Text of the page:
#4 A stretch of Yangtze is part of one of the most bio-diverse regions in the world
The Three Parallel Rivers Area is a region in Yunnan province of China that lies within the drainage basins of three major Chinese rivers; Lancang (Mekong), Nujiang (Salween) and the Yangtze. In the area, the three rivers run roughly parallel to one another for a distance over 300 km, though separated by high mountain ranges. These great rivers and the ecology is protected by a national park 310 km by 180 km in size. The Three Parallel Rivers of Yunnan Protected Areas is a UNESCO World Heritage Site. It consists of fifteen protected areas, in eight geographic clusters. In its description of the area, the UNESCO mentions: “(It) is claimed to be the most bio-diverse and least disturbed temperate ecosystems in the world”. The Three Parallel Rivers Area is home to around 6,000 species of plants, many of which are endemic; 173 species of mammals, of which 81 are endemic; and 417 species of birds, of which 22 are endemic. The demographics of the area are also notable as it is home to many minorities found in Yunnan province including the Derung, the Tibetan people, the Nu people, Lisu, Bai, Pumi and Naxi.
#5 Yangtze has been vital to Chinese history, culture and economy
According to a study, the geological age of Yangtze River is 45 million years. It has played a major role in the history, culture and economy of China. Human activity along the river dates back to 27,000 years ago; and by 5th millennium BC, the lower Yangtze was a major population center. Numerous ancient Chinese tribes relied on the water of the Yangtze and thus the river is culturally very important to the nation. From the time of the Han Dynasty (206 BCE – 220 CE), the Yangtze became more and more important to China’s economy. As the Chinese developed irrigation systems along the river, agriculture produce became stable and abundant. By the Song Dynasty (960 CE – 1279CE), the area along the Yangtze had become among the wealthiest and most developed parts of the country. Moreover, the river has been the backbone of China’s inland water transportation system for almost 2,000 years. Today, the Yangtze River Basin contributes around 40% of the GDP of China. It is China’s most important economic engine and the economic belt, anchored by the Yangtze River Delta, is a powerhouse of industrial output for top-notch multinationals. The Yangtze River Delta Economic Zone is dominated by Shanghai which is mainland China’s financial center, as well as by other important economic hubs like the cities of Nanjing, Suzhou, Hangzhou, Ningbo and Xuzhou.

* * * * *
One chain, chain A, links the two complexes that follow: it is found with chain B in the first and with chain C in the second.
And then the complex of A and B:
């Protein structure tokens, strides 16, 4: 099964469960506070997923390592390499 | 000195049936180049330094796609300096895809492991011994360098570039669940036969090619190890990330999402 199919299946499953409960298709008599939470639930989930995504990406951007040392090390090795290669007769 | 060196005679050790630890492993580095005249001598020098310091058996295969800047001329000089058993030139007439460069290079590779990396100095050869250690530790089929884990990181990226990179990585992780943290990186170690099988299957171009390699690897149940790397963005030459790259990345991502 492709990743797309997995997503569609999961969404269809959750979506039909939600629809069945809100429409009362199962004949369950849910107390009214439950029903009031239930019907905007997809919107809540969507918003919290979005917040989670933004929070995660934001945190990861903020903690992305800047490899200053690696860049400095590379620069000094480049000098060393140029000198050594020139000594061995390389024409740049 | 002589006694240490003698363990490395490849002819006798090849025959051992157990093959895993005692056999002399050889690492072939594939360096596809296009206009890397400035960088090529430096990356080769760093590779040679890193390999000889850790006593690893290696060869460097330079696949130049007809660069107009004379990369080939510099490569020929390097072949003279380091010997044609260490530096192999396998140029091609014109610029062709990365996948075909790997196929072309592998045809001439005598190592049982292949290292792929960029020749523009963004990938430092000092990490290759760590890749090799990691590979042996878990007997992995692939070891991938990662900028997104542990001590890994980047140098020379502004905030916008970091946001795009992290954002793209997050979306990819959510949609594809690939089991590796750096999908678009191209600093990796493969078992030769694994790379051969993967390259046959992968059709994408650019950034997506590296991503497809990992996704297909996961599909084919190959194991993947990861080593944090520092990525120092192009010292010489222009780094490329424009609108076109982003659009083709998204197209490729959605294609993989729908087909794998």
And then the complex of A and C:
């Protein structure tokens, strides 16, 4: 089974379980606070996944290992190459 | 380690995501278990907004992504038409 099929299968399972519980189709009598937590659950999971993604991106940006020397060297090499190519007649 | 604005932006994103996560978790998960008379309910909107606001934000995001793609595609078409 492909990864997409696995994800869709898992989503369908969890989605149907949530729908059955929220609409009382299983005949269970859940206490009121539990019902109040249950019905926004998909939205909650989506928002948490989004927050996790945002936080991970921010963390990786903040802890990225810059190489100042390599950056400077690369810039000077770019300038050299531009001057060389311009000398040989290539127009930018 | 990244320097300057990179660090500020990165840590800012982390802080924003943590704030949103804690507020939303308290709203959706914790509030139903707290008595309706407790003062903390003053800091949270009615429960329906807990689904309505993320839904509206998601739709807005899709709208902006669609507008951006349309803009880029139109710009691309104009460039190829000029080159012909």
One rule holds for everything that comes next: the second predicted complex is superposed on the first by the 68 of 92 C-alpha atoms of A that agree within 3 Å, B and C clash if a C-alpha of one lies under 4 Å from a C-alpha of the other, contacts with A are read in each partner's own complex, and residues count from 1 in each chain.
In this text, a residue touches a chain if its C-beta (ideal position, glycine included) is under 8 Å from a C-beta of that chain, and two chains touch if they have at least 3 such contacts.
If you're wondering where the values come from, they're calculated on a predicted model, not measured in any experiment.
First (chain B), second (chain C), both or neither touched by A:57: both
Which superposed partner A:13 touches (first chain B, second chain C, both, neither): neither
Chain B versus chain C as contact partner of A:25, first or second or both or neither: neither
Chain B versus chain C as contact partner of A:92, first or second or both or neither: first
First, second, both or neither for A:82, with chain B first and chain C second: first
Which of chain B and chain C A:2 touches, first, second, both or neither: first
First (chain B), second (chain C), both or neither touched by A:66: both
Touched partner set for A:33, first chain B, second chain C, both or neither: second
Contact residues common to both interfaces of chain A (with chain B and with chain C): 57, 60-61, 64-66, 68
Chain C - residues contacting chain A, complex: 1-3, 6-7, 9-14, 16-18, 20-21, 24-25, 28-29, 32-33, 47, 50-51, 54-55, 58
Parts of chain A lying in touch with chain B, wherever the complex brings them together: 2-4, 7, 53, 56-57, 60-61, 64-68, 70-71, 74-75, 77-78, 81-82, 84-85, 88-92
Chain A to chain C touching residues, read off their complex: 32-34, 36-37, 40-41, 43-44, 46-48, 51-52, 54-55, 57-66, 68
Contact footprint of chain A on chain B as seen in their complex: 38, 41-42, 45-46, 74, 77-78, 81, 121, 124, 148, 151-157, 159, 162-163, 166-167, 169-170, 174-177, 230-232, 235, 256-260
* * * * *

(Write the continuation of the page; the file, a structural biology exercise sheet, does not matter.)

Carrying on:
#6 Its basin could account for 8% of the global GDP by 2050
The total drainage area of the Yangtze is estimated to be 698,265 sq miles (1,808,500 sq km). This makes the Yangtze drainage basin the 12th largest river basin in the world. Moreover, the Yangtze drainage basin comprises one-fifth or 20% of the land area of China; and is home to nearly one-third of the country’s population. The Yangtze River basin stretches from the glacial melt-waters of the Tanggula Mountains in Tibet to the fertile alluvial plains of Yangtze River Delta in Shanghai. It plays a central role in Chinese agriculture, industry and travel. Most of the water use in the basin is for irrigation, primarily for water-intensive rice production. The basin is also considered as the great granary of China. This is due to the fact that the amount of grain production which takes place in this region is enough to feed half of the country’s population. Among the crops, rice accounts for 70 percent of the production. The GDP of the Yangtze River Basin in 2010 was 1796 US$billion, around 40% of the GDP of China. Moreover, according to research by Frontier Economics, it is estimated that the Yangtze River Basin will account for almost 8% of global GDP by 2050.
#7 Three Gorges Dam on Yangtze is the world’s largest hydropower project
The Three Gorges Dam, which became fully functional on July 4, 2012, is a hydroelectric gravity dam that spans the Yangtze River. It is located about 1,000 miles (1,610 km) west of Shanghai, in Yiling District, Yichang, Hubei province. It’s named for its location near the three gorges at the foot of the western Wu Shan Mountains. With a width of 2,335 m (7,661 ft) and a height of 185 m (607 ft), the Three Gorges Dam is the largest hydroelectric dam in the world. In terms of installed capacity, it has been the world’s largest power station since 2012. It has 34 generators; 32 main generators, each with a capacity of 700 MW; and two plant power generators, each with capacity of 50 MW; making a total capacity of 22,500 MW. Moreover, it can hold back more than five trillion gallons (19 billion cubic meters) of water and has a total surface area of 1,045 sq km (403 sq mi). Apart from producing electricity, the dam increases the Yangtze River’s shipping capacity, reduces the potential for floods downstream by providing flood storage space and is considered as a major move toward limiting greenhouse gas emissions.